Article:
10 Biggest Takeaways from May's MLB Action
It may be hard to believe, but the second month of the 2015 Major League Baseball season is over already.
A lot happened in May that changed the landscape not only from April but also going forward into June and beyond.
What did this month mean, and what does the rest of the season hold? Let's review with the 10 biggest takeaways as May flips to June.
The Red Sox Need Their Offense to Improve as Much as They Need Pitching
While the pitching staff, particularly the rotation full of No. 3 and 4 starters, wasn't getting it done, the Boston Red Sox still started May with a 12-10 record and having scored the third-most runs in baseball.
That's when things took a turn for the worse—the worst, in fact—as Boston's lineup fell into a massive slump, scoring the fewest runs in the sport in May. It's no wonder the Red Sox enter play Saturday at 22-27 and in last place in a mediocre AL East.
The club's need for a front-of-the-rotation arm remains, but the offense as is should be good enough to pick up the pace going forward. It's hard to imagine the likes of Dustin Pedroia, David Ortiz, Hanley Ramirez, Pablo Sandoval and youngsters Xander Bogaerts, Mookie Betts and the recently recalled Rusney Castillo continuing to have this much trouble.
"We feel like we're on the cusp," manager John Farrell said recently, per Tim Britton of the Providence Journal. "I don't know that we're at the point of a fumigation of the clubhouse or an exorcism, but hopefully it starts to fall our way."
Corey Kluber Is Just Fine
Hey, remember when everybody was all worked up over the fact that Corey Kluber, none other than the reigning AL Cy Young Award winner, was sitting with a 5.04 ERA and had yet to win any of his first seven starts through May 7?
Yeah, well, the Cleveland Indians right-hander has since stated loud and clear that he's back. Over his past four outings, Kluber has gone 3-0 with a 1.41 ERA, 0.75 WHIP and—get this—50 freaking strikeouts against just two walks in 32 innings.
Between Kluber and second baseman Jason Kipnis, who just set a franchise record for most hits (now 49) in the month of May, both getting hot, the Indians had a much-needed solid May, going 15-12 after an ugly 7-14 April. The team that was considered a World Series contender remains in last in the AL Central, but at least Cleveland is in the picture again.
The Minnesota Twins!
Uh, hey there Minnesota Twins. What are you doing there at 28-19 with the third-best record in the AL? You guys are, like, at least a year too early on your revival from four straight 90-loss campaigns.
But here you are, thanks to an impressive 18-7 May that was the best mark in the Junior Circuit.
The club is benefiting from good production—and good fortune—with runners in scoring position, but first-year skipper (and Hall of Famer) Paul Molitor has the Twins playing well, especially at home, where their 17-7 record is tied for the best mark in the AL with the Central rival Kansas City Royals, who are just one game up on Minnesota entering Saturday.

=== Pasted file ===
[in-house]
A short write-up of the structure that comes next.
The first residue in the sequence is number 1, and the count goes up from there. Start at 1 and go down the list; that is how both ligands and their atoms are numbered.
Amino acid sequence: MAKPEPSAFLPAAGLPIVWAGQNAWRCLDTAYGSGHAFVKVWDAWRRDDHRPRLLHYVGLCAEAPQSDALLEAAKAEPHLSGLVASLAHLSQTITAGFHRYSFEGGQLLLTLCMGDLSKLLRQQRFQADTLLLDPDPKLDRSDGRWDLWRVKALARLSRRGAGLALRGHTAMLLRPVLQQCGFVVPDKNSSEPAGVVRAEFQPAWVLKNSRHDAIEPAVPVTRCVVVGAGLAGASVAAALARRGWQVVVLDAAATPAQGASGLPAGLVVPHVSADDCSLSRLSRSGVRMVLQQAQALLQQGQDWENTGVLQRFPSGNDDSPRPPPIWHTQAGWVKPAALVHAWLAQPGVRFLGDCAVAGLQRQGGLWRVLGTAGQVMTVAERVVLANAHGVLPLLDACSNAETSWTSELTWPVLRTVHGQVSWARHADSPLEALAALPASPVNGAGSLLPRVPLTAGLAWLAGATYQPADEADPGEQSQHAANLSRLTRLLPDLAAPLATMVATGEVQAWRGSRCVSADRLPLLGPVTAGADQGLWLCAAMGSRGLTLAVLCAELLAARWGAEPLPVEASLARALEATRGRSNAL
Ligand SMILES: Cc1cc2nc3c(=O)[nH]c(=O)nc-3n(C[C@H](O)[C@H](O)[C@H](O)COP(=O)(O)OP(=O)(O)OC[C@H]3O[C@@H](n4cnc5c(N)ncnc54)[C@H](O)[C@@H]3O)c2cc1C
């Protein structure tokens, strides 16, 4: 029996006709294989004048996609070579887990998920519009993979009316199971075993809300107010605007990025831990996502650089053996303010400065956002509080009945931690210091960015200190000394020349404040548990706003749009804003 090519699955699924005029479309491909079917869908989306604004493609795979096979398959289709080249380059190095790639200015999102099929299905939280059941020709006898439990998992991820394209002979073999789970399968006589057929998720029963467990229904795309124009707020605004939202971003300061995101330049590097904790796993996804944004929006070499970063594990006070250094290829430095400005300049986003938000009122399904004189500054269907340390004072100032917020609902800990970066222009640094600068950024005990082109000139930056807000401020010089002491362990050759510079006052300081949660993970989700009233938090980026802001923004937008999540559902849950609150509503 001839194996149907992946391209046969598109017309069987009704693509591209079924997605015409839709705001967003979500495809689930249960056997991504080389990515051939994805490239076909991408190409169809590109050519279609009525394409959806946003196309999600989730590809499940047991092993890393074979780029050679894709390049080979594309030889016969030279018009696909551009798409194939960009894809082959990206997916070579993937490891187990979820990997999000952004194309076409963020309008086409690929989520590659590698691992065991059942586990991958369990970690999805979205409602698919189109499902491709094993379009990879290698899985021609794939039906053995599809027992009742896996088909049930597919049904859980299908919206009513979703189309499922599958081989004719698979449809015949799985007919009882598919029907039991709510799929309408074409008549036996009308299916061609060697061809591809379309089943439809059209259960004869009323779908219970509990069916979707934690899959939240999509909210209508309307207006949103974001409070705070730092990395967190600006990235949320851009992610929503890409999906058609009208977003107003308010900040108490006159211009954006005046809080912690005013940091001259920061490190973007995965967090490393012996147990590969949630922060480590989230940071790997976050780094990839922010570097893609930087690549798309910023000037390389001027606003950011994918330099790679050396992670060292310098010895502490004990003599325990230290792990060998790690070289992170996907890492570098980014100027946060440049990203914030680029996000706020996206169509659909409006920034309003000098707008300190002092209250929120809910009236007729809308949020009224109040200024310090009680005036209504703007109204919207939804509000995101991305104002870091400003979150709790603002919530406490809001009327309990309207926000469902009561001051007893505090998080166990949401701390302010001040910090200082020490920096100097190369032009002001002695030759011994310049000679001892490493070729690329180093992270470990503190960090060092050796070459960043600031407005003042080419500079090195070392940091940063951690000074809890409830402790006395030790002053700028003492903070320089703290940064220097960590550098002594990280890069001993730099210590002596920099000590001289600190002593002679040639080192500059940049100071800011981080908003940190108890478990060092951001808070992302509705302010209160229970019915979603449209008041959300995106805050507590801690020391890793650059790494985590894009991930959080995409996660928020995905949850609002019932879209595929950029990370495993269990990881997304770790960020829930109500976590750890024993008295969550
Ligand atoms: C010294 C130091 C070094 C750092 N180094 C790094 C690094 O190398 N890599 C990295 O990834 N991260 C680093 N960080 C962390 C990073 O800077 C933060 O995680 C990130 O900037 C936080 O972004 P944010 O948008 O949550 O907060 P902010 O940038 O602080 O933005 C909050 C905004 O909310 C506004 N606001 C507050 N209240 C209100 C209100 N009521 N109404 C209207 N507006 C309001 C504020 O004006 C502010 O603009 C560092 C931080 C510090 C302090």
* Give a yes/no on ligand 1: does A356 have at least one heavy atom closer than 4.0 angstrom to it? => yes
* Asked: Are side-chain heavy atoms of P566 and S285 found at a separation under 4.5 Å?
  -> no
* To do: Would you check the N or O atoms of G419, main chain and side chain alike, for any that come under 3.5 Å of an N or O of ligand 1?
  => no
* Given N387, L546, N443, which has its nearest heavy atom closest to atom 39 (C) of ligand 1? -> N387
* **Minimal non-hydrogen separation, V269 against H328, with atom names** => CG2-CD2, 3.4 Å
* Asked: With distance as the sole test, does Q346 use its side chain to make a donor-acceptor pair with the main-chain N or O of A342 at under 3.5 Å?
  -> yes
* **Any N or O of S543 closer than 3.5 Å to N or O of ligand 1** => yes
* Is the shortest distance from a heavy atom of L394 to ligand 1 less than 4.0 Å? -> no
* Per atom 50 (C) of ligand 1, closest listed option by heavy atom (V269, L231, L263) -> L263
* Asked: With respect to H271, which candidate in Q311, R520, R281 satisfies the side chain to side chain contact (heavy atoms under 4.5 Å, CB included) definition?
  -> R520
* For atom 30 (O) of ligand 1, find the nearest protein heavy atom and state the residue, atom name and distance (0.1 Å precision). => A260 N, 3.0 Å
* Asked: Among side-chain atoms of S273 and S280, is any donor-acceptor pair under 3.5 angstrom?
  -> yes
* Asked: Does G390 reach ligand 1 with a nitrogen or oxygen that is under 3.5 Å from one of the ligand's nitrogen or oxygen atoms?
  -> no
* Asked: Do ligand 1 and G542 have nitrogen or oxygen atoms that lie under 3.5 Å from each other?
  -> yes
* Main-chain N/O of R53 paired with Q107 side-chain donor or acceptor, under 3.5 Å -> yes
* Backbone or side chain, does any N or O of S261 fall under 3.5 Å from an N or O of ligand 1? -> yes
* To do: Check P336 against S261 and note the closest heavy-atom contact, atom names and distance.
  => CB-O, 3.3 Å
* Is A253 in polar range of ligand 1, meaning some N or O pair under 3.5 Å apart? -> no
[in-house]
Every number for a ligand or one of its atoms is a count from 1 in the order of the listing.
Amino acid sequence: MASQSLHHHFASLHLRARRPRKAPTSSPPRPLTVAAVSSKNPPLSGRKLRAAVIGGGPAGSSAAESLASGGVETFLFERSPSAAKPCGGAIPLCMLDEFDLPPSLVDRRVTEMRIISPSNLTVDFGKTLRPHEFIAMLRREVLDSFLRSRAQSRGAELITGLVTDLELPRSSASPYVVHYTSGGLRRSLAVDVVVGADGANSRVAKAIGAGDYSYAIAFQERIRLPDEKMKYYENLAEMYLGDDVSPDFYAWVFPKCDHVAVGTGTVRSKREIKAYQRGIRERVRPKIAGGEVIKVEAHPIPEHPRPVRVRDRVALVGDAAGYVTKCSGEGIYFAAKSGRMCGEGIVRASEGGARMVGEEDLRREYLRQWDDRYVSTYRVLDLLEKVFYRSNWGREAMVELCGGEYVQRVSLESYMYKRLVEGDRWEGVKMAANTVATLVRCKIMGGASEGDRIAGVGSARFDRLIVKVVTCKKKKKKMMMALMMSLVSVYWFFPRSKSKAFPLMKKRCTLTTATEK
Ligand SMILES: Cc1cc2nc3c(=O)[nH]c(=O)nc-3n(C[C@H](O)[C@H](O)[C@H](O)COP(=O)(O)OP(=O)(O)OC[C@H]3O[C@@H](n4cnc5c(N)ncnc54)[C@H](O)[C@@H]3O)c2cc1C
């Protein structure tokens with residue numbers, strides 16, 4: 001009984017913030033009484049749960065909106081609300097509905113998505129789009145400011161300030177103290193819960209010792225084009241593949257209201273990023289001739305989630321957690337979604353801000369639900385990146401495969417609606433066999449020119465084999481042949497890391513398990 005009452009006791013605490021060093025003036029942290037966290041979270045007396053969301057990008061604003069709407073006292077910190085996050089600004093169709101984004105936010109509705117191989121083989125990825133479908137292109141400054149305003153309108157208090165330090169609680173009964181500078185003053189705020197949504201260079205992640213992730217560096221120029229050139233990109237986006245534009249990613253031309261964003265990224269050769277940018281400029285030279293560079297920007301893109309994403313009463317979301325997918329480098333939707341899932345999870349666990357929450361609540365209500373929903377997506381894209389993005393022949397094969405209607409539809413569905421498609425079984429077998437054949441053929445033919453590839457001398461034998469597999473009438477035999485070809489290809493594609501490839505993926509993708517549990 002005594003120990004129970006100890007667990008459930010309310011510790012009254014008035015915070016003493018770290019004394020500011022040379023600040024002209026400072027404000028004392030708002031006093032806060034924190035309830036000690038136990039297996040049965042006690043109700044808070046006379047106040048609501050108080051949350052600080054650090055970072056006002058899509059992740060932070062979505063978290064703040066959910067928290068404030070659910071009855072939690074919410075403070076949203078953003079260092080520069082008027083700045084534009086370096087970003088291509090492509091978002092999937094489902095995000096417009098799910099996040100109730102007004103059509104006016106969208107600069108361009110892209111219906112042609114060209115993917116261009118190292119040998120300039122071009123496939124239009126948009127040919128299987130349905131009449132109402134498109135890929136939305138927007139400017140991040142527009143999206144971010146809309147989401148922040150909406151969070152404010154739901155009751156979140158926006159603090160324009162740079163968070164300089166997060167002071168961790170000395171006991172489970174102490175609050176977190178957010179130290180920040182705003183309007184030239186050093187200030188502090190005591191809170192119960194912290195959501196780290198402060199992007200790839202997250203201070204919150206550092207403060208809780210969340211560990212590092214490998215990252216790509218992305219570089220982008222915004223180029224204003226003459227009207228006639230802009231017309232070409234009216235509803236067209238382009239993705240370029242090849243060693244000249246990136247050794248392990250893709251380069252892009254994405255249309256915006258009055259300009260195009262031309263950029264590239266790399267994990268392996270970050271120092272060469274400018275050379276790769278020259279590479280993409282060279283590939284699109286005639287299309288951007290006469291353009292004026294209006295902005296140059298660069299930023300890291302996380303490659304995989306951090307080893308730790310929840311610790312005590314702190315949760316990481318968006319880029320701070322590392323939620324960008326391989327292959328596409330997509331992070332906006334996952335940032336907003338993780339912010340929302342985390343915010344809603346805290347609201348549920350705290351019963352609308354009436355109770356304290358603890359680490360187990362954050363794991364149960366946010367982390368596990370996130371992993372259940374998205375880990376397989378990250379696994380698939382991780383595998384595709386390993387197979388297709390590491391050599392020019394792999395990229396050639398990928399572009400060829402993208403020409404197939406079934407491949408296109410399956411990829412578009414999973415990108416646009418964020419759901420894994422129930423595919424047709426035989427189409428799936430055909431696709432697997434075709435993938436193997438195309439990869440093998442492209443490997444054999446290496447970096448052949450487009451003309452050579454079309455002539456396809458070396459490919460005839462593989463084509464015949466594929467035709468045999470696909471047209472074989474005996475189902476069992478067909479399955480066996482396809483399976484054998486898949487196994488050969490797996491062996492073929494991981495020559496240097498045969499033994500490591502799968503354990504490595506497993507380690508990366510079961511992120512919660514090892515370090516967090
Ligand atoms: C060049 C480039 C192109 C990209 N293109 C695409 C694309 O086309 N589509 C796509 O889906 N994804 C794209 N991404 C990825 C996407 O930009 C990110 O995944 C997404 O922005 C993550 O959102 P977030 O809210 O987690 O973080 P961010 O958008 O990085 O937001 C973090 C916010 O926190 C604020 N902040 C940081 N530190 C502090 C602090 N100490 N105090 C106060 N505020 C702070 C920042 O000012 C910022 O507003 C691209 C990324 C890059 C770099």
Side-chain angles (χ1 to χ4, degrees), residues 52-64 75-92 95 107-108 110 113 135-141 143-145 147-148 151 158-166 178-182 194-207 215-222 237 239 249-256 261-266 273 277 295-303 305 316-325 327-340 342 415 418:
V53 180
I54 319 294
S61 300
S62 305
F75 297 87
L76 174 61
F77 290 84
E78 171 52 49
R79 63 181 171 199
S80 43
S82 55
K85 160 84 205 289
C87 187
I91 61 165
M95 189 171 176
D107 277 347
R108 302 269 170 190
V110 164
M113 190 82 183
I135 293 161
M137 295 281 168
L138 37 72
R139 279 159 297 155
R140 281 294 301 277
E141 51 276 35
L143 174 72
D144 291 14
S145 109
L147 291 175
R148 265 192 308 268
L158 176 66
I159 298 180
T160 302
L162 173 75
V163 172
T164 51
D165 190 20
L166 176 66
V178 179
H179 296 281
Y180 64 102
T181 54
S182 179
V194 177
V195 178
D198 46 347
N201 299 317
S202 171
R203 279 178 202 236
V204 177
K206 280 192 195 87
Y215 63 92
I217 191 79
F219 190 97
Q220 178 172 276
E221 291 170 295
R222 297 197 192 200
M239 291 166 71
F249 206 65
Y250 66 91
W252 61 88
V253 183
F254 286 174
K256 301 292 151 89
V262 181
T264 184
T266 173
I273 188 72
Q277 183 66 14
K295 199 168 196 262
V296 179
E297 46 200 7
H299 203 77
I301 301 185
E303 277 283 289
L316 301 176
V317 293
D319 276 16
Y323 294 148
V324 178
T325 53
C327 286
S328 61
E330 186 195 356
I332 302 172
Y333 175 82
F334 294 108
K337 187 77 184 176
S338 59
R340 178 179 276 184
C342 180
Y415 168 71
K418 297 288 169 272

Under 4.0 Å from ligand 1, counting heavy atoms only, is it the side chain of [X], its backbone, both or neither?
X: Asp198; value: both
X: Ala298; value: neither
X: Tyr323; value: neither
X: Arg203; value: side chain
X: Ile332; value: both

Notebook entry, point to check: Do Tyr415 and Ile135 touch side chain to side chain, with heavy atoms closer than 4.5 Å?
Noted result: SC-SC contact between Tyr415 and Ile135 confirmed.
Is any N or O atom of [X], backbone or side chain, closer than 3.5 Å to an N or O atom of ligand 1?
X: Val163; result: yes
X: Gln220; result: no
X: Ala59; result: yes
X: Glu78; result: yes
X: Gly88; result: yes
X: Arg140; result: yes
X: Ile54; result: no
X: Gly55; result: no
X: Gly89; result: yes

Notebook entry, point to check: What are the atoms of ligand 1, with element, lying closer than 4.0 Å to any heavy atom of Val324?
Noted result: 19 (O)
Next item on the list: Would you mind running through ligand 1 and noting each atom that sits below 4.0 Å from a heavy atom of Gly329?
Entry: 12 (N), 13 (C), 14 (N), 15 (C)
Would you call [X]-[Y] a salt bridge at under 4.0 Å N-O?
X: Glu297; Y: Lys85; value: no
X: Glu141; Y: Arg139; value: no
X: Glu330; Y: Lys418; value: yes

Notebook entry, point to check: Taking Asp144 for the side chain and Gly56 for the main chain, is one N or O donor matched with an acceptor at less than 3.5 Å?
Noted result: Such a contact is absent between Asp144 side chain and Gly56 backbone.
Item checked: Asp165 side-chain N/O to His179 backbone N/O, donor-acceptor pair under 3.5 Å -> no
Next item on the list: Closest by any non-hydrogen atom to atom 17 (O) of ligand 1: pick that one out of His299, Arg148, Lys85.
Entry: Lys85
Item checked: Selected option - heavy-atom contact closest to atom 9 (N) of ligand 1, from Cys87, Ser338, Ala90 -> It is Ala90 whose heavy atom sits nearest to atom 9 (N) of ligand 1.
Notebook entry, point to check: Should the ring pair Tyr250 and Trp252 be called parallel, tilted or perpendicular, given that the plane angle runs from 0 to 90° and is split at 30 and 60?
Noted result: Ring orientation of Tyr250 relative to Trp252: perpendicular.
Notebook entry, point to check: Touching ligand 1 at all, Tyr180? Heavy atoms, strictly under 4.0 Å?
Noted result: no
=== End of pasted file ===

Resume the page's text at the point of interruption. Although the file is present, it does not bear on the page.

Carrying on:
"Molly has so much info wound up in that head," said Torii Hunter, who rejoined the team that drafted him back in 1993 this offseason after seven years away, per Jim Caple of ESPN.com. "And he just wants to give it away. If you're not seeking it, something's wrong with you."
The Rangers Returned to Relevance
After injuries ravaged the Texas Rangers in 2014 and they went just 7-14 in April, it appeared the club was headed for another lost season.
Not so fast. The Rangers have since turned things around dramatically to get back to a game below .500 through Friday, thanks to an offense that has piled up the most runs in baseball this month. The club has received stellar production, in particular, from Prince Fielder (.386 BA, 9 HR, 28 RBI, 1.116 OPS in May), Shin-Soo Choo (6 HR, 18 RBI, .896 OPS), Adrian Beltre (.296 BA, 4 HR, 14 RBI) and even Rule 5 pick Delino DeShields Jr. (.800 OPS, 9 SB).
Oh, and now prodigal son Josh Hamilton is back and doing things like this, which is a very good sign for new Texas manager Jeff Banister.
Admittedly, the pitching is thin with ace Yu Darvish's season over before it even began, but with arms such as Matt Harrison, Derek Holland and Martin Perez due back in the second half or sooner, the Rangers could get a lift if they can hang around a little longer.
The Nationals Are Who We Thought They Were
In other words: The Washington Nationals are the best team in the NL East.
The Nats, preseason favorites on everyone's ledger, flummoxed everybody with a 10-13 April that had them in fourth place in the division and five games back of the fast-starting New York Mets. Injuries and bad defense were the main culprits.
But on May 6, Bryce Harper smashed three home runs to start a five-game winning streak that put them above .500, and neither he nor they have looked back since. For the month, Harper is hitting .369 with 23 runs, 13 homers and 28 RBI in 25 games, while Washington has gone 18-7, good for the second-best record in the NL.
Even though right-hander Stephen Strasburg, who left Friday's start with a gnarly 6.55 ERA and a re-aggravation of his lingering neck injury, can't get right and outfielder Jayson Werth is expected to miss at least two months with a fractured wrist, the Nationals at some point will get back Anthony Rendon, who has yet to play this season.
And the club might be better off with Tanner Roark, banished to the bullpen for the first six weeks because of the ridiculous rotation depth despite a 2.85 ERA in 2014, in the rotation over Doug Fister, who is out with an arm injury.